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Joanna Jelen


<p style=”text-align: center;”>Little Johnny from Bubbleville</p>

“This decree starts a golden chapter in the age of children welfare. One Mustn’t Spank the Kids movement voted today—” The bus door cuts off the rest of the public announcement.

“Does it mean the decrees issued during my school days were written in silver?” I smirk at the elderly lady sitting next to me, but she quickly hides behind her wrinkled eyelids.

I chew on my gum, debating if I should inform the OMSK authorities, she wears earplugs. I palm my reporting device, tenderly called Rat by my generation, but then let it go. I can’t remember the code number forbidding the usage of personal sound protection in public places. But she should know better—every adult shall always be ready to respond to a child’s demands.

Anyway, I’m already more interested in the two new passengers looking for seats, a mother with a preschool age son.

The mother’s face seems familiar. My mom used to have the same terrified look; her eyes would jump from place to place afraid to focus on something. Or on me. To be specific, it was just Mom’s left eye, as OMSK removed her other eye after I reported she scowled at me.

Which reminds me, I missed my visit at the madhouse again. Oh well, the last time Mom saw me, her condition worsened. Whatever.

“Johnny, let me buy you ice-cream after lunch, all right?” the mother says passing my row.

The bus jerks to a stop at a red light before the new passengers take their seats and the mother, already weighted down with her son, struggles to balance. Perhaps she’d be able to manage, even with Little Johnny’s well-fed tonnage, if he wasn’t trying to wiggle out of her arms.

She let him go the moment he screams, “Child abuse” and the sudden move screws up her balance completely.

Before she drops to her knees, all Rats on the bus beep the distress signal. When the vehicle keeps moving, the woman stands up, thanking every kid around for pressing the false alarm button. Lucky or smart she’s using public transportation.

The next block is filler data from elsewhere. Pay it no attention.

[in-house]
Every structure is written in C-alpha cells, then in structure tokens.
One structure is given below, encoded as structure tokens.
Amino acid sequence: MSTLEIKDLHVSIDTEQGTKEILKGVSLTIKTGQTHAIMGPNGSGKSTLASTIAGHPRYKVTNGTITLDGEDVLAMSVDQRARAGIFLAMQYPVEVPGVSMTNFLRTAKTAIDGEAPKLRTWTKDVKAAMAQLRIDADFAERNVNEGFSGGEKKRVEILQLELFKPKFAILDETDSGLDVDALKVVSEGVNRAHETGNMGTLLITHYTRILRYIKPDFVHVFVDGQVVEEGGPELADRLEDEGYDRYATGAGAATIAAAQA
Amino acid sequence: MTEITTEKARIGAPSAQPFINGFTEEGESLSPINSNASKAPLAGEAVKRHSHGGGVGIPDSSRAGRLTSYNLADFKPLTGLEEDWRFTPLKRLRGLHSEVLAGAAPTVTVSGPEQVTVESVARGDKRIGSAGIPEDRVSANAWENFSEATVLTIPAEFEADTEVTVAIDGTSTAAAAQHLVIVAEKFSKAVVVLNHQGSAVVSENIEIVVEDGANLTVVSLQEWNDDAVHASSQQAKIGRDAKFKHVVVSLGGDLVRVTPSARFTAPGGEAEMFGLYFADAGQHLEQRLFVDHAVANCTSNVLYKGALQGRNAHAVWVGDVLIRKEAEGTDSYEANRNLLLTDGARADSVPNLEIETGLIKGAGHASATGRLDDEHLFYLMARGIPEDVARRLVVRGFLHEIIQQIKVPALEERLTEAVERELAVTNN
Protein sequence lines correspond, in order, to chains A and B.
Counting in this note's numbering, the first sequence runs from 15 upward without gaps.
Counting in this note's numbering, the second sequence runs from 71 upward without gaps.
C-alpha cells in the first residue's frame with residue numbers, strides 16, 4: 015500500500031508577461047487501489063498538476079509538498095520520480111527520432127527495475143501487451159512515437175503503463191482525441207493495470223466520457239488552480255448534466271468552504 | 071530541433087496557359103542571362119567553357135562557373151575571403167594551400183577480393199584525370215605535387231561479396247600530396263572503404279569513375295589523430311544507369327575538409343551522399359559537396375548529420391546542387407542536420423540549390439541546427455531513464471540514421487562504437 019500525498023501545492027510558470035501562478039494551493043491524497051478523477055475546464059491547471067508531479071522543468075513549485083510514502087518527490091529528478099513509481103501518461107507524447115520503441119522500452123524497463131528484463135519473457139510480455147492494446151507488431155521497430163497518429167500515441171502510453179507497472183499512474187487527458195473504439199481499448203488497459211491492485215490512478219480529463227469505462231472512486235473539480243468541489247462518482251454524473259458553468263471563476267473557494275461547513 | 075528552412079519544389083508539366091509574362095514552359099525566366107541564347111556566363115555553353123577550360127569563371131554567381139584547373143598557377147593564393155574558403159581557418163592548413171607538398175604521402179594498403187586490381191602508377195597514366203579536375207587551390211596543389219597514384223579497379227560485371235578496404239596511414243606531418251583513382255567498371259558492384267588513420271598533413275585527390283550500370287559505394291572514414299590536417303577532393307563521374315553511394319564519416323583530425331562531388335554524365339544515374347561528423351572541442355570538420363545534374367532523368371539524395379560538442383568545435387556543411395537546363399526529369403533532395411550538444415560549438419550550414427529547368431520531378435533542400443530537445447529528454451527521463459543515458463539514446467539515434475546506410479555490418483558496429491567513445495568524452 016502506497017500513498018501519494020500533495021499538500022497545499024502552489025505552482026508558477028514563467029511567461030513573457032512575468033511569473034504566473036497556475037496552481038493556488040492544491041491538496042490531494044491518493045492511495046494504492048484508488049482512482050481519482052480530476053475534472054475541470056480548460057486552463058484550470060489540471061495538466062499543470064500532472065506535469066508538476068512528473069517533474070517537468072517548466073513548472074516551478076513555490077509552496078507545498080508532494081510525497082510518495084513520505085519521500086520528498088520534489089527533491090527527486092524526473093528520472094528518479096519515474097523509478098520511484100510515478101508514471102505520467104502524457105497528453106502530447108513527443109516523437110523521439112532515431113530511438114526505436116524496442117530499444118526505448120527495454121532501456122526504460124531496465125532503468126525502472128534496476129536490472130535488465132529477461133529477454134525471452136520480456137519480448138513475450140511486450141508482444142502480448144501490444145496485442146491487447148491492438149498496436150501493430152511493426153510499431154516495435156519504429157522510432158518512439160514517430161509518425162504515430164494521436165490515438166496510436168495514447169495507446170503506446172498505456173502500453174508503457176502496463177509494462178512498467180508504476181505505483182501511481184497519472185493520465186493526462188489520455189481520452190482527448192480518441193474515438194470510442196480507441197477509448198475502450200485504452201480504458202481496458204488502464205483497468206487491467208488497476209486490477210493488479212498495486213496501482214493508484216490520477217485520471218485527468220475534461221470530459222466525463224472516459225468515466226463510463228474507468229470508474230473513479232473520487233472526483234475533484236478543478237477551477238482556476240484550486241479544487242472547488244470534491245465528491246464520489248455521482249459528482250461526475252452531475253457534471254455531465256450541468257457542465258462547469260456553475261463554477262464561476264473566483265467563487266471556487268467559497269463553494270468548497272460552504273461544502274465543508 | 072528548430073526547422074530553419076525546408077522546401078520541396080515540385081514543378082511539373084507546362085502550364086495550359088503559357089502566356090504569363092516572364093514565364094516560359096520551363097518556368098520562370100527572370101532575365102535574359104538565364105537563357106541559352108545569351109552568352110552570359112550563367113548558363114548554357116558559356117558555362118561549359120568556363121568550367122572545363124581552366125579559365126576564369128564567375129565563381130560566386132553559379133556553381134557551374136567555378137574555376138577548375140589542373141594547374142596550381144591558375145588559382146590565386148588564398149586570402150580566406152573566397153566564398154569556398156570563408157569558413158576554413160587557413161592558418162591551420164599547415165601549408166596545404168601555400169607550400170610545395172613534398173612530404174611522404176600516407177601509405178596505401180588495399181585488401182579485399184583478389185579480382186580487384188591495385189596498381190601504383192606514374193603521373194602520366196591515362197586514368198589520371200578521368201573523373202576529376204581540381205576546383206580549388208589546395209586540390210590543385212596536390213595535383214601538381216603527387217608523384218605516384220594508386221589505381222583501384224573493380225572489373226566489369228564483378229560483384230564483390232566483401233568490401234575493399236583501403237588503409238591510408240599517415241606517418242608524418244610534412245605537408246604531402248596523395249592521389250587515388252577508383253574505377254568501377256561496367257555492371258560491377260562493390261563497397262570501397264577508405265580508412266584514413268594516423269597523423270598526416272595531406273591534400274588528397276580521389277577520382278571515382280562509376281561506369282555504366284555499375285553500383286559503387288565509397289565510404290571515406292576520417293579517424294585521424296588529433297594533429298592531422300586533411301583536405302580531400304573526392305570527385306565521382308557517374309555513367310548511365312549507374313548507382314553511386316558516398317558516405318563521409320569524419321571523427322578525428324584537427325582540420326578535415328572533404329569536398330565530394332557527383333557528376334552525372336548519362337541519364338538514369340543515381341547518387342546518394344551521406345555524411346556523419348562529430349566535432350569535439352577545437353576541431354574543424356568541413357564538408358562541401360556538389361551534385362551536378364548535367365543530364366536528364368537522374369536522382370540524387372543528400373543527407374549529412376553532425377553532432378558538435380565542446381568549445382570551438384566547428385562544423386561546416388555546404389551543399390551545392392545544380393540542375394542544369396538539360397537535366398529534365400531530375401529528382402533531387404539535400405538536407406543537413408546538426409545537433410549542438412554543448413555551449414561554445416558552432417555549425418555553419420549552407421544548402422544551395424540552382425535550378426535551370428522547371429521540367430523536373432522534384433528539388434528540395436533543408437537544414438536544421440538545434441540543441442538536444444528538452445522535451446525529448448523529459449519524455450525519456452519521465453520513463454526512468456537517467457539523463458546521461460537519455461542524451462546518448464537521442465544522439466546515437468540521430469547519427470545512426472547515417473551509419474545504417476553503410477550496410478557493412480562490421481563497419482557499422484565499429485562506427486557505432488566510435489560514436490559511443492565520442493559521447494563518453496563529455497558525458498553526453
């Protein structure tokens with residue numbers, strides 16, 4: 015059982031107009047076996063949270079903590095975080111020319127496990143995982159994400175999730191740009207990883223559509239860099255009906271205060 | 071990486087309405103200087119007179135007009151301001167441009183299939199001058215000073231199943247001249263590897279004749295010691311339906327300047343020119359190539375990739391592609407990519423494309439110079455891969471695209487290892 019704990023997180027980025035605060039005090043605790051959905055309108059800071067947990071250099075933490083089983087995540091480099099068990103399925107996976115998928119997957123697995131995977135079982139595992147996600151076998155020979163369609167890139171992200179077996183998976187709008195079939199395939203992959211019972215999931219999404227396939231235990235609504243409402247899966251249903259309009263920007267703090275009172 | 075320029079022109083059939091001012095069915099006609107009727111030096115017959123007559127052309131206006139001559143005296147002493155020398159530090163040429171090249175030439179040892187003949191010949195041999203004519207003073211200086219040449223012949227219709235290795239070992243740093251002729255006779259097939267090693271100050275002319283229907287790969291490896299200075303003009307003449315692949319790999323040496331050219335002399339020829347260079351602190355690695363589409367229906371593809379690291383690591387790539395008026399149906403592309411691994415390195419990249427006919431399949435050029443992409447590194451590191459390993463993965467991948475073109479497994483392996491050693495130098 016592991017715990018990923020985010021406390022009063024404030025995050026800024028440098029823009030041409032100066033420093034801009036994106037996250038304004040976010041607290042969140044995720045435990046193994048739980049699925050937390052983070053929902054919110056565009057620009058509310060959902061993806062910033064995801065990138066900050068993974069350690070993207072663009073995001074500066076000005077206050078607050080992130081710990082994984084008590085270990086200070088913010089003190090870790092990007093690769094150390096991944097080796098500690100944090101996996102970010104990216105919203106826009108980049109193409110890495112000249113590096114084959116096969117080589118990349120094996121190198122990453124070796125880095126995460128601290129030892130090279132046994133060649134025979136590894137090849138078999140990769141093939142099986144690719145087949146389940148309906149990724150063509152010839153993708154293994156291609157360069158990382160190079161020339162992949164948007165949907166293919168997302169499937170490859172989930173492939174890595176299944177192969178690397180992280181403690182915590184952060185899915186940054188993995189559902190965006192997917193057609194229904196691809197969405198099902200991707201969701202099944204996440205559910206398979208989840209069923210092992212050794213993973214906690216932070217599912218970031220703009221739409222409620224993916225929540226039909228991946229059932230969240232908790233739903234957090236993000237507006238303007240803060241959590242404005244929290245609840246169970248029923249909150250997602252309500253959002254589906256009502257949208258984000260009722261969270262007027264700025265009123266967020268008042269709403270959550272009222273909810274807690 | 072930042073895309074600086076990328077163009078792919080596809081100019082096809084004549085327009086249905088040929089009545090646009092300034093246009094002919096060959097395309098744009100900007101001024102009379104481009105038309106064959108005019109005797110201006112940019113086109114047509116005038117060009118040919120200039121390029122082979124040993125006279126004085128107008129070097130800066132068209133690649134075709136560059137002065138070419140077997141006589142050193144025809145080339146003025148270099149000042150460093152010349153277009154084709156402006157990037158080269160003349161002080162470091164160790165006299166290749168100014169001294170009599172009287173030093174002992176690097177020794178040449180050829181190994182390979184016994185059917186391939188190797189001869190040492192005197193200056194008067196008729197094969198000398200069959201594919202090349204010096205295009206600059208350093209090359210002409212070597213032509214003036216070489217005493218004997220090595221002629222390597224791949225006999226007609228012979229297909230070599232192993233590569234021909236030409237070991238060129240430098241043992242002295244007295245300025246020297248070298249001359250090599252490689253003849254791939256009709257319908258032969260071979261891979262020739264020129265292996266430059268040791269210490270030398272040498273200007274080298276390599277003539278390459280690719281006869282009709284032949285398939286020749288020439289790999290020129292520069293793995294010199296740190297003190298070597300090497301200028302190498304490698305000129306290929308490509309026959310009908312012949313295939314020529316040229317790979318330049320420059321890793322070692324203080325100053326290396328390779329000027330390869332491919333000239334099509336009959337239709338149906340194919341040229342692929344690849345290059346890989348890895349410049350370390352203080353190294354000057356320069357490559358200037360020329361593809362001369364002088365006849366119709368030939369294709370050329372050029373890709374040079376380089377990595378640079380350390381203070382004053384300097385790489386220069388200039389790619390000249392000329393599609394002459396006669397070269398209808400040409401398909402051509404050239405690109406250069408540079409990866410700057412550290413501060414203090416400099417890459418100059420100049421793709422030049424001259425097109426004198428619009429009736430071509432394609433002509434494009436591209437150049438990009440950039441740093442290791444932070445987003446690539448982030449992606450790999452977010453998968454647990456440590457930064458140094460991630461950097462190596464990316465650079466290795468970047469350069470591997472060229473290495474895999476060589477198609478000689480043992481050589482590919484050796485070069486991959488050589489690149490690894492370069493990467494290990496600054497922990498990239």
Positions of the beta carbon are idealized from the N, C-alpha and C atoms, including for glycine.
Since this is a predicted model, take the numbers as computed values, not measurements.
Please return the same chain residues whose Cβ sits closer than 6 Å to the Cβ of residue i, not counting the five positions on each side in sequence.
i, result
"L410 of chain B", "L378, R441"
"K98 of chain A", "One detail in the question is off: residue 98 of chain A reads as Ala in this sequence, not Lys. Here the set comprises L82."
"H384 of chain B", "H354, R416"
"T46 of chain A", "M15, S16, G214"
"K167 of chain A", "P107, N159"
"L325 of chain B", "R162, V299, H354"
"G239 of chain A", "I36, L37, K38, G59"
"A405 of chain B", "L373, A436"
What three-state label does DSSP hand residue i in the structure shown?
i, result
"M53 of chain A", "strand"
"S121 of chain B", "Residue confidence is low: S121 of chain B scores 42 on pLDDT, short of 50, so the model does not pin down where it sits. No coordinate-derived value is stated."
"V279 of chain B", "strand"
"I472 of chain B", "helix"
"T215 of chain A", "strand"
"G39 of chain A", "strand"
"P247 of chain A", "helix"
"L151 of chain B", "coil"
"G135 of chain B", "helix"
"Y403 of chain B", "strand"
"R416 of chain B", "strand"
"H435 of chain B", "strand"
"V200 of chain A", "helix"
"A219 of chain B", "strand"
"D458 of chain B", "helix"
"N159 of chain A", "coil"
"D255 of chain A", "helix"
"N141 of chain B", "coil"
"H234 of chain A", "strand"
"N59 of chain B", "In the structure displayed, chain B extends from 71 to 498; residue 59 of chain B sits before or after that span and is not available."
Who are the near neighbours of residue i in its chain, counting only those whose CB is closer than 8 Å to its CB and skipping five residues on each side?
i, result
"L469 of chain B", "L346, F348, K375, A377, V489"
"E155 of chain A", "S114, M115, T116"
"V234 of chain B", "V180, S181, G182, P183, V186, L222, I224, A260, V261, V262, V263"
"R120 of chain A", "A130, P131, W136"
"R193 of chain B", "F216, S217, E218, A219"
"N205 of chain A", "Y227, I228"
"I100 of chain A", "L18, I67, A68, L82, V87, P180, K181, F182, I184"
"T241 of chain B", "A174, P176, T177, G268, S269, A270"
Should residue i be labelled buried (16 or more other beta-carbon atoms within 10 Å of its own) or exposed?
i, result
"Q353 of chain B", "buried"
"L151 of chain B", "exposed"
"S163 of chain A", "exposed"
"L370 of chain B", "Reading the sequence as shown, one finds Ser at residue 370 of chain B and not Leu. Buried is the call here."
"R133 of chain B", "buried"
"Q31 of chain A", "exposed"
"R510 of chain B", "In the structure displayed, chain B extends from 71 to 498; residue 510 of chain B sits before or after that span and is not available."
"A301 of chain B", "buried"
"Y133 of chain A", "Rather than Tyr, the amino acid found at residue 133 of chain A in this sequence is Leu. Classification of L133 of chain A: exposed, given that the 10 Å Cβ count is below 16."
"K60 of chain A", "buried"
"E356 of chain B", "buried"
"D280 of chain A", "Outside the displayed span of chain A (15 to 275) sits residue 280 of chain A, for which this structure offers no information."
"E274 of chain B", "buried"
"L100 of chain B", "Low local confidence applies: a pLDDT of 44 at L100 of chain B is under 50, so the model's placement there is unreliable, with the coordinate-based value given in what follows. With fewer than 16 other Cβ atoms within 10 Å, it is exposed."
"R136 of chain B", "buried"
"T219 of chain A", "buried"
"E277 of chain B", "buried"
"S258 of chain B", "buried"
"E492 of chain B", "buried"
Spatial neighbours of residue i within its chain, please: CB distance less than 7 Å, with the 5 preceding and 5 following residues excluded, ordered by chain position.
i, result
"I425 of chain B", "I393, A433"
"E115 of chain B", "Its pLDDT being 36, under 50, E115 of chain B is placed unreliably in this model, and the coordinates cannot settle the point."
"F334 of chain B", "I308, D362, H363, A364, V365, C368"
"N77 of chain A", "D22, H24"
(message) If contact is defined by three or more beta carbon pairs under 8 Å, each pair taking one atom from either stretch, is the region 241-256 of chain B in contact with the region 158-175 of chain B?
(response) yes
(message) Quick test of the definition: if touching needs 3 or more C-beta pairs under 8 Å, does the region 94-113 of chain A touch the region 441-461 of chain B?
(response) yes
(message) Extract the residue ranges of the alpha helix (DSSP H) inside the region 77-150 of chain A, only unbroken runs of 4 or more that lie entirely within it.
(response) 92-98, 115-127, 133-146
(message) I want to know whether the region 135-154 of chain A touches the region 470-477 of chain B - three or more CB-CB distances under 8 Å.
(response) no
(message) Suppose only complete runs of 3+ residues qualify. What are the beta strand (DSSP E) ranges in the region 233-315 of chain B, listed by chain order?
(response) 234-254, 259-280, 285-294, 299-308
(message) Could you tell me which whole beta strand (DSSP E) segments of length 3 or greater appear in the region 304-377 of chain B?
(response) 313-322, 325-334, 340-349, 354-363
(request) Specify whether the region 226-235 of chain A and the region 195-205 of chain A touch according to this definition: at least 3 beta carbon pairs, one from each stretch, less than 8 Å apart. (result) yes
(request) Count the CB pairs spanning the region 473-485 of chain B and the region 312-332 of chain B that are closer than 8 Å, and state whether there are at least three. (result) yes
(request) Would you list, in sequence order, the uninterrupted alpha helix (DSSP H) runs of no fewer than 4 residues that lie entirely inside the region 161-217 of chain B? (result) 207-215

If my grandma was so clever, she’d still have both of her hands. I still feel sorry for my mistake. Instead of lying she spanked me, I should have told OMSK that she kicked me or something. Damn it, all those years wasted without her great cooking.

I don’t need to turn my head to see that Johnny and his mother take the bench behind me. The seat to my right vibrates from the boy’s hefty kicks so much, mine echoes with the aftershocks. The elderly lady doesn’t dare to admonish him. I unwrap another piece of gum and add it to the old one. Chewing lowers my stress level.

“Johnny, sweetheart, do you want to watch a cartoon or play a game?” the mother asks.

Judging by the next series of kicks, Johnny isn’t interested in her offer.

“Look at the new book, Johnny. It’s about the rabbit you love.”


I doubt he loves anything. Maybe soccer. I unwrap another piece of gum.

“Hey, sweetheart, I found a candy. All yours.”


“Okay, but this one is raspberry, your favorite flavor.”


“Let’s call Daddy and ask if he got that new firetruck for you.”


The redirection technique is fucking useless. The elderly lady is going through her rosary beads faster than I can unwrap my next fix.

“Do you want me to sing you a song? Recite a poem? Dance hula?”

“Shut up, bitch.” Kick.

Yeah. Shut up, bitch, and give the kid some chillax instead. OMSK lowered the age for prescription drugs last year. Little Johnny surely can qualify. Jesus.

I reach to my pocket and find it empty. Shit, my stash of chewing gum is gone. The wad in my mouth is the size of the Moon but it’s not the volume that helps. It’s about satisfying the trained cognition that if I want it, I want it now.

My jaw muscles bulge.

Little Johnny switches the seats a minute before my stop. In fact, I pull at the bus bell the same moment, he kicks my chair. I count to three, but I can’t help myself. I take the wad from my mouth and stick it to Little Johnny’s hair.

“I got the stress-free upbringing, too,” I explained to his astonished mother while spreading the gum all over her son’s curly coiffure.

Despite his bawling, every Rat is quiet. I still have two months to my twenty fifth birthday, the new legal adulthood age, curtesy of OMSK.

I leave the bus with a spring in my step and go straight to my appointment. The bed at the outpatient clinic is ready for me when I come.

Before the doctor sedate me for the vasectomy, I grab his hand with all my strength. “Make sure, it can’t be reversed.”

“All right, Little Johnny.”

Little Johnny? My eyes can’t pop open, too weak to fight the first effects of anesthesia. I inhale. Perhaps he’s right. We’re all Little Johnnies, the kids one mustn’t spank. I exhale. But sometimes, one really should.



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